A line-by-line translation

Shakespeare's Sonnets

A line-by-line translation

Shakespeare's Sonnets

Shakespeare's Sonnets Translation Sonnet 20

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A woman’s face, with nature’s own hand painted, Hast thou, the master-mistress of my passion; A woman’s gentle heart, but not acquainted With shifting change, as is false women’s fashion; An eye more bright than theirs, less false in rolling, Gilding the object whereupon it gazeth; A man in hue, all hues in his controlling, Which steals men’s eyes and women’s souls amazeth. And for a woman wert thou first created, Till nature as she wrought thee fell a-doting, And by addition me of thee defeated, By adding one thing to my purpose nothing. But since she pricked thee out for women’s pleasure, Mine be thy love, and thy love’s use their treasure.

A woman's face, painted by nature's own hand,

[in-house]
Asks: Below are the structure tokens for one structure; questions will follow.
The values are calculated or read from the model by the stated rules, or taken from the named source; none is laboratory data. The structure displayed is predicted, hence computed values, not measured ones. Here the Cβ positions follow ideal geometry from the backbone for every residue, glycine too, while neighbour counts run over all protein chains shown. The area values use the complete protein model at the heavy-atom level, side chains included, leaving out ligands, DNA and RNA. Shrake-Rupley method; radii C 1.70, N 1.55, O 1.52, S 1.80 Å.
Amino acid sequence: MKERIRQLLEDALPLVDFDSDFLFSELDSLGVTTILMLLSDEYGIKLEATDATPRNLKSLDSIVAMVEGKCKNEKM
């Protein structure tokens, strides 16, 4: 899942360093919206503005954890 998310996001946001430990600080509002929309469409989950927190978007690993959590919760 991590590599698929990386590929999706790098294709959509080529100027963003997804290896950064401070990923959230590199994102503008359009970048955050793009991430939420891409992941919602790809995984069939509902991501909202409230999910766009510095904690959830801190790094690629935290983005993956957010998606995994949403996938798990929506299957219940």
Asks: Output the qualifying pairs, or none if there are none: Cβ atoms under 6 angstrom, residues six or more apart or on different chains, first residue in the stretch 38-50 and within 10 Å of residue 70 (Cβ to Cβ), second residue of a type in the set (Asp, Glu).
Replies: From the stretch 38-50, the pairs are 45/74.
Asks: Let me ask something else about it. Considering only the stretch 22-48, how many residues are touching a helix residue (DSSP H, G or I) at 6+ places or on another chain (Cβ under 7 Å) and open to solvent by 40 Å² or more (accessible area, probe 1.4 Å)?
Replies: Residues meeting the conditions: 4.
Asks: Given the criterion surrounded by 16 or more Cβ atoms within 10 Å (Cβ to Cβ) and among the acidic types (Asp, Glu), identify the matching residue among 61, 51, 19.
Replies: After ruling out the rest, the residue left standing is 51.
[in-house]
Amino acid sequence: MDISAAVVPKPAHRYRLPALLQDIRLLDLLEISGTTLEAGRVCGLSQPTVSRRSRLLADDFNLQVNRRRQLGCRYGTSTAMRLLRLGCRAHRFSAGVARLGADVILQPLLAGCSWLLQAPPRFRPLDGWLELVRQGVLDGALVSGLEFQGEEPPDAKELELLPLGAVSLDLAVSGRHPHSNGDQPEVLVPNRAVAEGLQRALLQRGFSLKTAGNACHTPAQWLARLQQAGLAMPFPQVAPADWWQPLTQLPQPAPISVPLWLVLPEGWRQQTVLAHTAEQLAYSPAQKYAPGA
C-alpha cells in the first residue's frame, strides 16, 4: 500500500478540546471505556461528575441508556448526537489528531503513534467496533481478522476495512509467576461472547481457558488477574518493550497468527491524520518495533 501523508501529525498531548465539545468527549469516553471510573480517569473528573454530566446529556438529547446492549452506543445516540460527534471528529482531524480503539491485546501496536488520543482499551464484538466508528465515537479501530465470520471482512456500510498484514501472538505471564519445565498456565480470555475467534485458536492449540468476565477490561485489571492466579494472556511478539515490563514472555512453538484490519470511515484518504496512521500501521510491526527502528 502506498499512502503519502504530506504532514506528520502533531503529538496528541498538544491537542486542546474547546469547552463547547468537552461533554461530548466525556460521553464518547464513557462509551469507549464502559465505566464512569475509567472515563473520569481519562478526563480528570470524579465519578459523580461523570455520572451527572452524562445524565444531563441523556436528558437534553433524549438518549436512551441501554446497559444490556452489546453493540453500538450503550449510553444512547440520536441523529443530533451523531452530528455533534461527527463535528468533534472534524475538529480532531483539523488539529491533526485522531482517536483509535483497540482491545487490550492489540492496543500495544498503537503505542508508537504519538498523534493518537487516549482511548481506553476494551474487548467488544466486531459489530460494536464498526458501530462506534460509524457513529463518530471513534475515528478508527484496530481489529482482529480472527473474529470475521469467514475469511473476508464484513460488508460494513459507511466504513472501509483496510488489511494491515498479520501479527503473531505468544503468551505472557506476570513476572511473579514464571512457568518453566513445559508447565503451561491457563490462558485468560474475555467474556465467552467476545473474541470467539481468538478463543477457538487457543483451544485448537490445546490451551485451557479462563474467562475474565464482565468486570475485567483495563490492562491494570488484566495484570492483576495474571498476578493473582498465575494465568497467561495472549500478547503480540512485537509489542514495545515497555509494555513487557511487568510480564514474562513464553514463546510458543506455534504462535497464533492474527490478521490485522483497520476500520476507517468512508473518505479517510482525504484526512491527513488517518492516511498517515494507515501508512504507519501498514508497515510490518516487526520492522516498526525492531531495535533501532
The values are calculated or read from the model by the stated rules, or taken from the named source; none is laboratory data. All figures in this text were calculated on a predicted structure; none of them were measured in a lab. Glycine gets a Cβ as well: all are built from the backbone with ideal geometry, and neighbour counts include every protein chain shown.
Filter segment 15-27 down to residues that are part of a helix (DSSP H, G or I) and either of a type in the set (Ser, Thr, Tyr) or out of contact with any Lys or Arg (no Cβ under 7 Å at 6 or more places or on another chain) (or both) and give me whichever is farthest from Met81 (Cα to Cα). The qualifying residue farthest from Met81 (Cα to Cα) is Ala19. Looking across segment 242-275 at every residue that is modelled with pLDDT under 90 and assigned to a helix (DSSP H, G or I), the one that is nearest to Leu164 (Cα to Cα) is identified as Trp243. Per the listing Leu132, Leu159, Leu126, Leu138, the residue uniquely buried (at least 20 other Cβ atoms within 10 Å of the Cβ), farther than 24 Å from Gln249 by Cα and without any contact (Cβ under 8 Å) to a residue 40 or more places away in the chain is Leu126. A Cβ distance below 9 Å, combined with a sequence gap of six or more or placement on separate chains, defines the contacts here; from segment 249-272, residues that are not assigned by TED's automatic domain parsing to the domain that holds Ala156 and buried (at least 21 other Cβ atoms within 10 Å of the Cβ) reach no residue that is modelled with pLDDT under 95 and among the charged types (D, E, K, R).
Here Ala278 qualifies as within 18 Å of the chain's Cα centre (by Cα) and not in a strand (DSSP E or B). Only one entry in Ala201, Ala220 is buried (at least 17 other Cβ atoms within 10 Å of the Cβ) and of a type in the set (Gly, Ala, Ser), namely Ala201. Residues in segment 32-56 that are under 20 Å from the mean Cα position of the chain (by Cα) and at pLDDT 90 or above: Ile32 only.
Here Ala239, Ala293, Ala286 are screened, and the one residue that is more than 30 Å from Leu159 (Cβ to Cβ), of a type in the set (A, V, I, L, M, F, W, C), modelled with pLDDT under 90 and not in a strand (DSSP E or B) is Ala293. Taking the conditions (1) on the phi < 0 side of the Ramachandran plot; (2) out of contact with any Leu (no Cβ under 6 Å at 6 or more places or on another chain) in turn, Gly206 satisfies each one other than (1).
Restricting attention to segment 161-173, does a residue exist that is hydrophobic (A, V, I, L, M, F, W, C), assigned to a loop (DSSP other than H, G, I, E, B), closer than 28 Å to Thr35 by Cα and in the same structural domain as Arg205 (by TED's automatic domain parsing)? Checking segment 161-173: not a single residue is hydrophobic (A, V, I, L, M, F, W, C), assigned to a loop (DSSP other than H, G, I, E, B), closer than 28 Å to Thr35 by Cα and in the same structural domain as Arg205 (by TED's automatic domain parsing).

Is what you have, master-mistress of my feelings.
You have a woman's gentle heart, but have not experienced
Its tricking changes, the typical behavior of false women.
Your eye is brighter than theirs, but less false in  how it moves,
Turning into gold whatever it looks at.
You are a man in physical form, but able to control all appearances,
You steal the eyes of men and amaze the souls of women.
And you were first made for a woman,
Until nature, when she was making you, fell in love with you,
And by addition defeated my purpose for you
By adding one thing that is useless to me.
But since nature selected you for women's pleasure,
I will have your love, but the use of it will be their treasure.

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Suzy kim
About the Translator: Suzy Kim

Suzy Kim is a graduate student studying Victorian literature at Brown University. She studied English and Psychology at University of Pennsylvania, and some of her creative work can be found in the upcoming volume of The Graphic Canon: Tales of Crime and Mystery Vol. 1. She is from Seoul, and currently lives in Providence, Rhode Island.